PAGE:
Woman Menopause Health and Risk
The four most common and serious health problems that women face as they get older are
Cardiovascular Disease and Osteoporosis
Breast Cancer and Diabetes.
Women’s risk begins to rise with these conditions at the time of menopause and continues to increase as they age.
Breast cancer is the disease that strikes the most fear in the hearts of women, and as epidemic’ as it is breast cancer, is a far less common cause of death.
It is unfortunate that these health problems have been associated with menopause when they actually result from a high-stress life in an increasingly toxic environment, compromised nutrition, and diminished physical strength and endurance. These hazards increase the risk of these four diseases as well as the symptoms of menopause.
If you’re not a smoker, don’t have diabetes, aren’t obese, and don’t have hypertension, being a premenopausal woman is good temporary insurance against heart disease. Women have fewer heart attacks and less heart disease before the age of 50 than men has tended to cloud the issue of heart disease.
However, as women go through menopause and lose estrogens’ protective effects on their circulatory systems, they quickly take on the risk factors for cardiovascular disease that have traditionally been perceived as belonging mostly to men.
In fact, cardiovascular disease (heart attacks and vascular events like stroke) is the number one cause of death for women over the age of 50.
Every year, approximately 500,000 women die from heart attacks and strokes, compared with 260,000 deaths of women from all types of cancer. According to the National Institute of Nursing Research, heart disease is fatal more often in women than in men.
The fact that women are older when they develop coronary artery disease is referred to treatment later, and are admitted and transferred to hospitals later than are men.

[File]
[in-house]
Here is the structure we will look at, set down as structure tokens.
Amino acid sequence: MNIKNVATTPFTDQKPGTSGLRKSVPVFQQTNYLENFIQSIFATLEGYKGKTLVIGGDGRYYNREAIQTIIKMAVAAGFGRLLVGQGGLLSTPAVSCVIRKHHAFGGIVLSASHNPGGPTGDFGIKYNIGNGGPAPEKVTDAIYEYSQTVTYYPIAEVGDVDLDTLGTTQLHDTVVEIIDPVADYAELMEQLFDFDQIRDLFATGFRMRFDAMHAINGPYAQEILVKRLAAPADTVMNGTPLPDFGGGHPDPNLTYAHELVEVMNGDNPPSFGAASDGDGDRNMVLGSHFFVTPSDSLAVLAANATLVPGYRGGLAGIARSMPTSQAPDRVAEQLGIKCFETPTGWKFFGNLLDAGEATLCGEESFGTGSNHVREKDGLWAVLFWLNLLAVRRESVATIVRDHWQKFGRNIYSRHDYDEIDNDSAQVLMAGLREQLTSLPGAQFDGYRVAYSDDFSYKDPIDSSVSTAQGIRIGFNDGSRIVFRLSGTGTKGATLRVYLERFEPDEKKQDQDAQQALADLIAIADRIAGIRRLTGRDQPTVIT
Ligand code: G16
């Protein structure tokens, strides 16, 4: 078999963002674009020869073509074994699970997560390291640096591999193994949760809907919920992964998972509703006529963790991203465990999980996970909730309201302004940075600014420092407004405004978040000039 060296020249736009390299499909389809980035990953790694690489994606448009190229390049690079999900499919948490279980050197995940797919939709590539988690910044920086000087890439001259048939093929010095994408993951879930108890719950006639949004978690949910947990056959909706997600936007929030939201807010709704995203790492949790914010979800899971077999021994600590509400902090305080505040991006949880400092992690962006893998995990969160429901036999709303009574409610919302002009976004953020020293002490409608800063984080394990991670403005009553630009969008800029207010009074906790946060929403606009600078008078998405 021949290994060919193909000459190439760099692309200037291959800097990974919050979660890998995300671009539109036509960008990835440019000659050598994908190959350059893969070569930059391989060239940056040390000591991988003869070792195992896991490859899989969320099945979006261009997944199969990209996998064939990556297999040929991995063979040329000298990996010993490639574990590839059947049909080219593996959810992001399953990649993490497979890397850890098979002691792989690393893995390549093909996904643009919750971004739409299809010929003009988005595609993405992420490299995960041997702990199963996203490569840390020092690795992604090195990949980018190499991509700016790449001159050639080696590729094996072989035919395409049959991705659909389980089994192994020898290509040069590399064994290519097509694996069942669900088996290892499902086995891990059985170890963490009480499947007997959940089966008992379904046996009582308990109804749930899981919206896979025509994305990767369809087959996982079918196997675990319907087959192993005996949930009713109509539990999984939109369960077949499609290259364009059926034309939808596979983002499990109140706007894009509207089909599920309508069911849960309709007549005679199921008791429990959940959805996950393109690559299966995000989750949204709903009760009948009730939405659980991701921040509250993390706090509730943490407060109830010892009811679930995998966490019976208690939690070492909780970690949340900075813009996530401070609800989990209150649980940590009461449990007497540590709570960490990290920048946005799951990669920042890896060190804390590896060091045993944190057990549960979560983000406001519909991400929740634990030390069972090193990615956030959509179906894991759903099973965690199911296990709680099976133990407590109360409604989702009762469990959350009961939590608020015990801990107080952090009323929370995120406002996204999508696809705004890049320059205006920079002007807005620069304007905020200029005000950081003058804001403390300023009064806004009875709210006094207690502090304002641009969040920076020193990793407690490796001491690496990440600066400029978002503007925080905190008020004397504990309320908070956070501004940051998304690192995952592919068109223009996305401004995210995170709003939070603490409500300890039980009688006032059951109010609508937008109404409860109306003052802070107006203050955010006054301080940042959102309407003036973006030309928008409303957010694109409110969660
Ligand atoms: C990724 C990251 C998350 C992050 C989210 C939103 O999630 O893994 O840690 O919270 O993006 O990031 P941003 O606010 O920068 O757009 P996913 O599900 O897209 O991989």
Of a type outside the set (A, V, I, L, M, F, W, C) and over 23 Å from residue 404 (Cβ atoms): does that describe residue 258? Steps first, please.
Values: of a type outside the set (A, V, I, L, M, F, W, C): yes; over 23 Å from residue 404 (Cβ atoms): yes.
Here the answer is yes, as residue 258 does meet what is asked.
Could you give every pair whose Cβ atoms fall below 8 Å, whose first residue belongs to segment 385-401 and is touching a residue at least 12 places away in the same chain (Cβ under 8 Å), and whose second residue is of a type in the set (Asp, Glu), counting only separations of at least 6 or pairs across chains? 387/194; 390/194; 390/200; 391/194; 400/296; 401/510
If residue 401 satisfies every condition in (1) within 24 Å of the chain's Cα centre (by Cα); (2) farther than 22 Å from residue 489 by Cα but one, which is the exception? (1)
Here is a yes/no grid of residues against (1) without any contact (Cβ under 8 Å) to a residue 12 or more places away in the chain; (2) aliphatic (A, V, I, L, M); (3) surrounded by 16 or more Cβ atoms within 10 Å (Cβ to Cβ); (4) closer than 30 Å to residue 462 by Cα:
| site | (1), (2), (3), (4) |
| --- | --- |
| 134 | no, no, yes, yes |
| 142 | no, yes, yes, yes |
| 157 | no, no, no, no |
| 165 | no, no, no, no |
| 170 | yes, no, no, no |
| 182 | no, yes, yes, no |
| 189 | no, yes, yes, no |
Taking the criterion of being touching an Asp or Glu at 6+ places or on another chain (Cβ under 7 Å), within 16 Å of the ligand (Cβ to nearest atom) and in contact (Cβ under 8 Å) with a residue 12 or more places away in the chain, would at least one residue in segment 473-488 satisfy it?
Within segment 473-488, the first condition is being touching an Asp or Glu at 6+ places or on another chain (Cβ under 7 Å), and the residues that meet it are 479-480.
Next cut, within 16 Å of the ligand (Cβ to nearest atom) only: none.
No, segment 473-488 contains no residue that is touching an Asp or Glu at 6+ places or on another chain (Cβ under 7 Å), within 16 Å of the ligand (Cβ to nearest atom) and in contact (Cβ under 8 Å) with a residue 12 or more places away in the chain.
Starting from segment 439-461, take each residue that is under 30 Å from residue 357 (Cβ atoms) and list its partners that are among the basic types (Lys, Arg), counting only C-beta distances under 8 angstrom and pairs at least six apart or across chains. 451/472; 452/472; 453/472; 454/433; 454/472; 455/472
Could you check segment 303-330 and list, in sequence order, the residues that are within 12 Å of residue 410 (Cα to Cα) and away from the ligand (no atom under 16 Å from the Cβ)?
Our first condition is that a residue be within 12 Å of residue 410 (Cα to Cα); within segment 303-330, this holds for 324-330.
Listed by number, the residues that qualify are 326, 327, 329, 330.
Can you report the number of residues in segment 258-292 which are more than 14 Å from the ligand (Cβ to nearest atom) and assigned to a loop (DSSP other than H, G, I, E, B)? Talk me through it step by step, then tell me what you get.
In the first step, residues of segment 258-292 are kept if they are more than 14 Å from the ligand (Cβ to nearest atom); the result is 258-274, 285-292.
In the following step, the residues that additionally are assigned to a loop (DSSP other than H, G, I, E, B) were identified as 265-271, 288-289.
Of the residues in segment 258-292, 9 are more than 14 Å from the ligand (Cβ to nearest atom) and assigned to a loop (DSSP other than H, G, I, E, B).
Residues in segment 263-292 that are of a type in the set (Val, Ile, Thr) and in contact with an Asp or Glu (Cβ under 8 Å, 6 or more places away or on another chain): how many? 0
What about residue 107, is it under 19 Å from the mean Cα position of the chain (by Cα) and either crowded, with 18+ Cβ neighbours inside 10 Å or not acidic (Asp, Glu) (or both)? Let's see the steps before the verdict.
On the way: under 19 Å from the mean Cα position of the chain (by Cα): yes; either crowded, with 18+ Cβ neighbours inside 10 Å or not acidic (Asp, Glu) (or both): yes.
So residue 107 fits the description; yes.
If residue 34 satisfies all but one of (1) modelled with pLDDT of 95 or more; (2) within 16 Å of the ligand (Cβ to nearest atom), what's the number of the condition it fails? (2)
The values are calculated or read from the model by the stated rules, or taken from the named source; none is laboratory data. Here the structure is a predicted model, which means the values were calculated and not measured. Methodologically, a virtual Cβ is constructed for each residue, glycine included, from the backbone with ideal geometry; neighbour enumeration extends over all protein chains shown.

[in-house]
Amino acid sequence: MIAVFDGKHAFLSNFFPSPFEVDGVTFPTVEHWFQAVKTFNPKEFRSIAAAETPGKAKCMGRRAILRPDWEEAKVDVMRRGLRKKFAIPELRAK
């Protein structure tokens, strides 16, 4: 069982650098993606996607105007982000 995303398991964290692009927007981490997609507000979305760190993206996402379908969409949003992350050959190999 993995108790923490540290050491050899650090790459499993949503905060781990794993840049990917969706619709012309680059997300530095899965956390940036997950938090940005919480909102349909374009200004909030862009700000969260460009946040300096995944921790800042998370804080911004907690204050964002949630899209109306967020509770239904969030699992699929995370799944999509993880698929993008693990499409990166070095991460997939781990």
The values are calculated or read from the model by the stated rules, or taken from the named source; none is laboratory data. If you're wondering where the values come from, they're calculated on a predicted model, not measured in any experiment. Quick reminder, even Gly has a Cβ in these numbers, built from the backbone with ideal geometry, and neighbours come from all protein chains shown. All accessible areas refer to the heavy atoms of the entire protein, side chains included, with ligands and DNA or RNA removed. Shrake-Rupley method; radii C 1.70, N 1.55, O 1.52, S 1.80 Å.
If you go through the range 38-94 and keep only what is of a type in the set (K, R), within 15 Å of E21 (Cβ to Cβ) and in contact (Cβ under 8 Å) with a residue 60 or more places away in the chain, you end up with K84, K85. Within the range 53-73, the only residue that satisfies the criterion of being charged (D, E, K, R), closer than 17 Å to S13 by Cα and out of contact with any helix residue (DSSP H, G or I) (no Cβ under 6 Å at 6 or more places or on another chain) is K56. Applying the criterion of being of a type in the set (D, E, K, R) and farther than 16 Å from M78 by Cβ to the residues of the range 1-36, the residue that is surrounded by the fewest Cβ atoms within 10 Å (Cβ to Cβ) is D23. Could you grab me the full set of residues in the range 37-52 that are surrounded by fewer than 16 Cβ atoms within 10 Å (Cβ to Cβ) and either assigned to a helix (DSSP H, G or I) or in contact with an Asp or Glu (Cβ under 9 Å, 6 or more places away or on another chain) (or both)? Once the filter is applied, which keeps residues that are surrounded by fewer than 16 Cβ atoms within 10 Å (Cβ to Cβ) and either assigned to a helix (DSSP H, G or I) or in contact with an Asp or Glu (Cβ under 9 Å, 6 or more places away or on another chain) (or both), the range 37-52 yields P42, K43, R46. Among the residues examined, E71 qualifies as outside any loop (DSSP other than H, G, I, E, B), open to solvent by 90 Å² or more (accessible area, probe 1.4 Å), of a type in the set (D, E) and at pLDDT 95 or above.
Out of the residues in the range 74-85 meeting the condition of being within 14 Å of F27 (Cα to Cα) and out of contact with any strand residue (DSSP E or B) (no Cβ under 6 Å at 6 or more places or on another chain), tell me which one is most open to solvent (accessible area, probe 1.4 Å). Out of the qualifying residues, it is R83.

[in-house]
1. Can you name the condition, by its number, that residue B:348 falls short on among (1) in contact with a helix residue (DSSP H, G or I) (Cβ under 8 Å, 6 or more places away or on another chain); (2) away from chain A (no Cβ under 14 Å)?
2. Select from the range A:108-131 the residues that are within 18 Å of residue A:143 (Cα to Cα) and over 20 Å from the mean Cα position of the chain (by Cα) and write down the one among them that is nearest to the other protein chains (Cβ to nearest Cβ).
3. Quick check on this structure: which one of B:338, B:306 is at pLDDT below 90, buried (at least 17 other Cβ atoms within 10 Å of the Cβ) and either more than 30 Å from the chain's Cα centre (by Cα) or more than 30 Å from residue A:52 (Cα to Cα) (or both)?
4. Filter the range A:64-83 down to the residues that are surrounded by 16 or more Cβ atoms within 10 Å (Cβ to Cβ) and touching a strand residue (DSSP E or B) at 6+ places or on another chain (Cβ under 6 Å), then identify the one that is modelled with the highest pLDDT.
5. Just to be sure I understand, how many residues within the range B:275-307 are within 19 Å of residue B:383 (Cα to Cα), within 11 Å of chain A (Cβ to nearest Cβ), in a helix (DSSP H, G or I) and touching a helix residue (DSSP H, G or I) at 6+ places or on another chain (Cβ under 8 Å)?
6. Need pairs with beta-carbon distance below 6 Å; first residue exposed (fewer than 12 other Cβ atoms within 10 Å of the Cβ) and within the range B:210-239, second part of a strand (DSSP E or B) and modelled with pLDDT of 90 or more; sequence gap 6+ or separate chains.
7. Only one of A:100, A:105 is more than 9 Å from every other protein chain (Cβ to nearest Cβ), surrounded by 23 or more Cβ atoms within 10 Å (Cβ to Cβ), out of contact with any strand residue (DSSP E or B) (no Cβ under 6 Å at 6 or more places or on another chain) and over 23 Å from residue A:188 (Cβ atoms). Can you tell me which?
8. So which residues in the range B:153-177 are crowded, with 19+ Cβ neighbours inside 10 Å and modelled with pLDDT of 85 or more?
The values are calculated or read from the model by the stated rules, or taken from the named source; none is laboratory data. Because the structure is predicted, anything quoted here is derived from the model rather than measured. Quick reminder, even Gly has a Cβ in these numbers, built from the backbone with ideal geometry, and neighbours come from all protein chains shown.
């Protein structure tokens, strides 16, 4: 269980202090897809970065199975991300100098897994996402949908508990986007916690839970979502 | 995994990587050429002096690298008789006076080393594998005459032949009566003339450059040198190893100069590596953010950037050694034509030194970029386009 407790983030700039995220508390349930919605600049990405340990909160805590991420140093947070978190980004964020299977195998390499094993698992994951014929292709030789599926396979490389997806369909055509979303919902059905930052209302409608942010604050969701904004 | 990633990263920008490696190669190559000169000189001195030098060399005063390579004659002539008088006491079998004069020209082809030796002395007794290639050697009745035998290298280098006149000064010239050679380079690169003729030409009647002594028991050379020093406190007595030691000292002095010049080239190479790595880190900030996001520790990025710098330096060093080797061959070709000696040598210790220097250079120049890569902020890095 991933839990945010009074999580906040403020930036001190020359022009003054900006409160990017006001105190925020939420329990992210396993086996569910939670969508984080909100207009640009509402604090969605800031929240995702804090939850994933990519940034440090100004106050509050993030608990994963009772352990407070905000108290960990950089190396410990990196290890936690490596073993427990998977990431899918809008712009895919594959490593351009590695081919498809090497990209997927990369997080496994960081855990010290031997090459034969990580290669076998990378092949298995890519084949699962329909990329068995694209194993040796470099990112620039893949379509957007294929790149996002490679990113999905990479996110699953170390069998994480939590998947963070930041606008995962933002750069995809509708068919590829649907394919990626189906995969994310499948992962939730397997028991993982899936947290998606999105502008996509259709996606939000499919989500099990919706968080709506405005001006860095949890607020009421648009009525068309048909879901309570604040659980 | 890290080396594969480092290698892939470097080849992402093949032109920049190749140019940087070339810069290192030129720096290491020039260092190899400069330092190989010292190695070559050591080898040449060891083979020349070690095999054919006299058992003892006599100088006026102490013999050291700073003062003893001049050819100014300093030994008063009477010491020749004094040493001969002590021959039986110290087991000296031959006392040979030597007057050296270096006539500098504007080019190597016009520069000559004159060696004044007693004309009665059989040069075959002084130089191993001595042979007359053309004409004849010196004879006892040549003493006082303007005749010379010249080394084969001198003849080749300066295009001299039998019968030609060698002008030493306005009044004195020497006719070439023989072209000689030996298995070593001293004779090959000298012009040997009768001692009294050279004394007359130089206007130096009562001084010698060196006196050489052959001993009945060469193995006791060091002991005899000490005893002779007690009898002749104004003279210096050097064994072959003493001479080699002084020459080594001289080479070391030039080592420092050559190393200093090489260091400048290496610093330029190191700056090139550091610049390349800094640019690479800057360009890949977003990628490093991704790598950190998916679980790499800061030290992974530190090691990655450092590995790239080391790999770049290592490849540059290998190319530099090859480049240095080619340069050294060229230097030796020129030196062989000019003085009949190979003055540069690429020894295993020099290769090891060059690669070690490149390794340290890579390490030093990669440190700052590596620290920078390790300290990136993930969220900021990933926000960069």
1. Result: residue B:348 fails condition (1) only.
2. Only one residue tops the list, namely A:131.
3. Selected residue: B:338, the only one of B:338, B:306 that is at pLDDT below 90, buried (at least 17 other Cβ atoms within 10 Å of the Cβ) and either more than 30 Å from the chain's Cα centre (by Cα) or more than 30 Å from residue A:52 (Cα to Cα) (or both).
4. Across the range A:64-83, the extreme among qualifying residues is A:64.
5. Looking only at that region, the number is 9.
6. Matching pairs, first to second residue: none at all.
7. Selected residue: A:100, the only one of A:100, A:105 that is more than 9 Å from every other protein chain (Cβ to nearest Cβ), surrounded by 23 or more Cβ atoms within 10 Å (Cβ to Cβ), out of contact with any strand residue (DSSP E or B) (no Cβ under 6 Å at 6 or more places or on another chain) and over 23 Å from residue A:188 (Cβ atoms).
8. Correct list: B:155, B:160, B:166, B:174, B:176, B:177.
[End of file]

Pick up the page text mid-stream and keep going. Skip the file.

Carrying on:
- Angina or chest pain is a dangerous signal that the arteries are partially blocked and the heart is not getting enough oxygen. It is important that you do not ignore any chest pain. Your heart may be in danger of suffocation. The longer the pain is, the higher the risk.
- A heart attack occurs when the artery is blocked by a threshold amount of plague, plague cramps or completely blocking blood flow. Deprivation of blood for a long time causes heart cells to die and heart damages. Chunks of plaque get pulled off the wall and lodge elsewhere as a clot and this can cause damage to the brain, a lung, or a leg.
Risk Factors for Cardiovascular Disease and Cholesterol
After menopause (heart attack is uncommon in women under fifty), the major risk factors for cardiovascular disease are thought to be similar to men: high blood pressure and elevated cholesterol, and other fats in the blood in which both of which are influenced by diet and lifestyle.
Because cholesterol is one of the substances that cause plaque in artery walls, high cholesterol is a factor in cardiovascular disease. However, the relationship seems to be more complicated than we thought and is becoming controversial.
Cholesterol is found throughout our bodies and is needed for many functions; for example, it is a precursor for progesterone and all the sex hormones.